How to Adjust Your Bike's Mechanicals

How to Adjust Your Bike's Mechanicals

It will take some time for you and your bike to get over that initial awkward stage, just like any new relationship. Prepare for a few mishaps early on, but also learn how to fix them or avoid them entirely.

Expect a Break-in Period

Don't ignore a change in the way your bike performs. Take it to a mechanic. A new bike's components typically break in over the course of the first few rides, which can affect their performance. The shifting may lose precision; the brakes might rub or feel loose, and you may notice new sounds like squeaks or rattles.

Take your new bike to a bike shop as soon as possible if this happens! When it is working properly, the bike will work more efficiently and will be more fun to ride. Plus, you'll prevent bigger problems from arising later. If you continue to ride on components that are out of adjustment, you could damage parts that are expensive to repair.

Be Prepared for Common Problems

You will experience mechanical issues with any bike, even if you're just riding it on a trainer! 

Flat tire: Now that you’re a cyclist, it’s good to know how to address this inevitable mechanical issue. Use our handy tutorial to learn how to fix a flat: taking off the wheel, removing the tube, finding the reason for the flat, patching or replacing the tube, and reinstalling the wheel. It might take a little longer than you expect (especially if you're new to it), but practice will make it second nature.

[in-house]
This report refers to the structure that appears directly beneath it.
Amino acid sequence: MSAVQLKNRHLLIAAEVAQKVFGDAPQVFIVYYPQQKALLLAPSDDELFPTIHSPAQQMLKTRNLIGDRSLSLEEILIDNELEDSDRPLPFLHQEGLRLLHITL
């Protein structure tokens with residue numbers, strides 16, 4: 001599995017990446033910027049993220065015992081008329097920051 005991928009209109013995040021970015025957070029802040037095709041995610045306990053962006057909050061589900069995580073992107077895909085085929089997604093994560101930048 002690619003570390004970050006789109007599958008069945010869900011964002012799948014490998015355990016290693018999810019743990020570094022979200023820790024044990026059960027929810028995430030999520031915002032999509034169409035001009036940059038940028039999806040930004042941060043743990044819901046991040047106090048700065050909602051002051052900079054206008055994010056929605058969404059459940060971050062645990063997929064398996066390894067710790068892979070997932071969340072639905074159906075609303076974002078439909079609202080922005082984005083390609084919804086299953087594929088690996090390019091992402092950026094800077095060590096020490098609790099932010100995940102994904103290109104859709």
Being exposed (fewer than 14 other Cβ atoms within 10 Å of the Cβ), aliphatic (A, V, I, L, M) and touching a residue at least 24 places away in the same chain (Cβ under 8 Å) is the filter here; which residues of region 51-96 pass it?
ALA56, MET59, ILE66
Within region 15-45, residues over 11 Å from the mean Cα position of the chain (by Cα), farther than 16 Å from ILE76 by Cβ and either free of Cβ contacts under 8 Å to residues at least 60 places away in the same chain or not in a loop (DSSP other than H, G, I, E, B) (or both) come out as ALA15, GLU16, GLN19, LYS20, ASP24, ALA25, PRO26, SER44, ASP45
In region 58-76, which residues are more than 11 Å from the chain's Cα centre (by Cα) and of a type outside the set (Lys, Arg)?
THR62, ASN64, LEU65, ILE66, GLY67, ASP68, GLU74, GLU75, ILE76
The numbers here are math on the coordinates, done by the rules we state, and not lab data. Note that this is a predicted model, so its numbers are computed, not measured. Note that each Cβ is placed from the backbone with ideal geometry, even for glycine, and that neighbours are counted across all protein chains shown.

Derailed chain: If you go over a big enough bump or maybe just lay your bike down wrong, your chain might slip free from the chainring. It's an easy fix, but a dirty one. Reinstall the chain into the grooved teeth of the chainring by grasping it, pulling it upward, and reinserting it. Place a link on the cog tooth and turn the pedals forward. When your chain comes off a few times in a row, however, you likely have some larger issues. (Flipping the bike over will also prevent it from rolling away, and shifting to the lowest gear will allow you to try to put the chain back on the largest chainring.) Take it to a bike shop and let the experts examine it.

Broken chain: A broken chain is a more complex repair issue that likely will require a higher level of bike maintenance know-how and specialized tools. Find out how to change or repair a bike chain if you're up for the challenge. If you don't want to learn how to do this (no judgement! ), take it to a bike shop.


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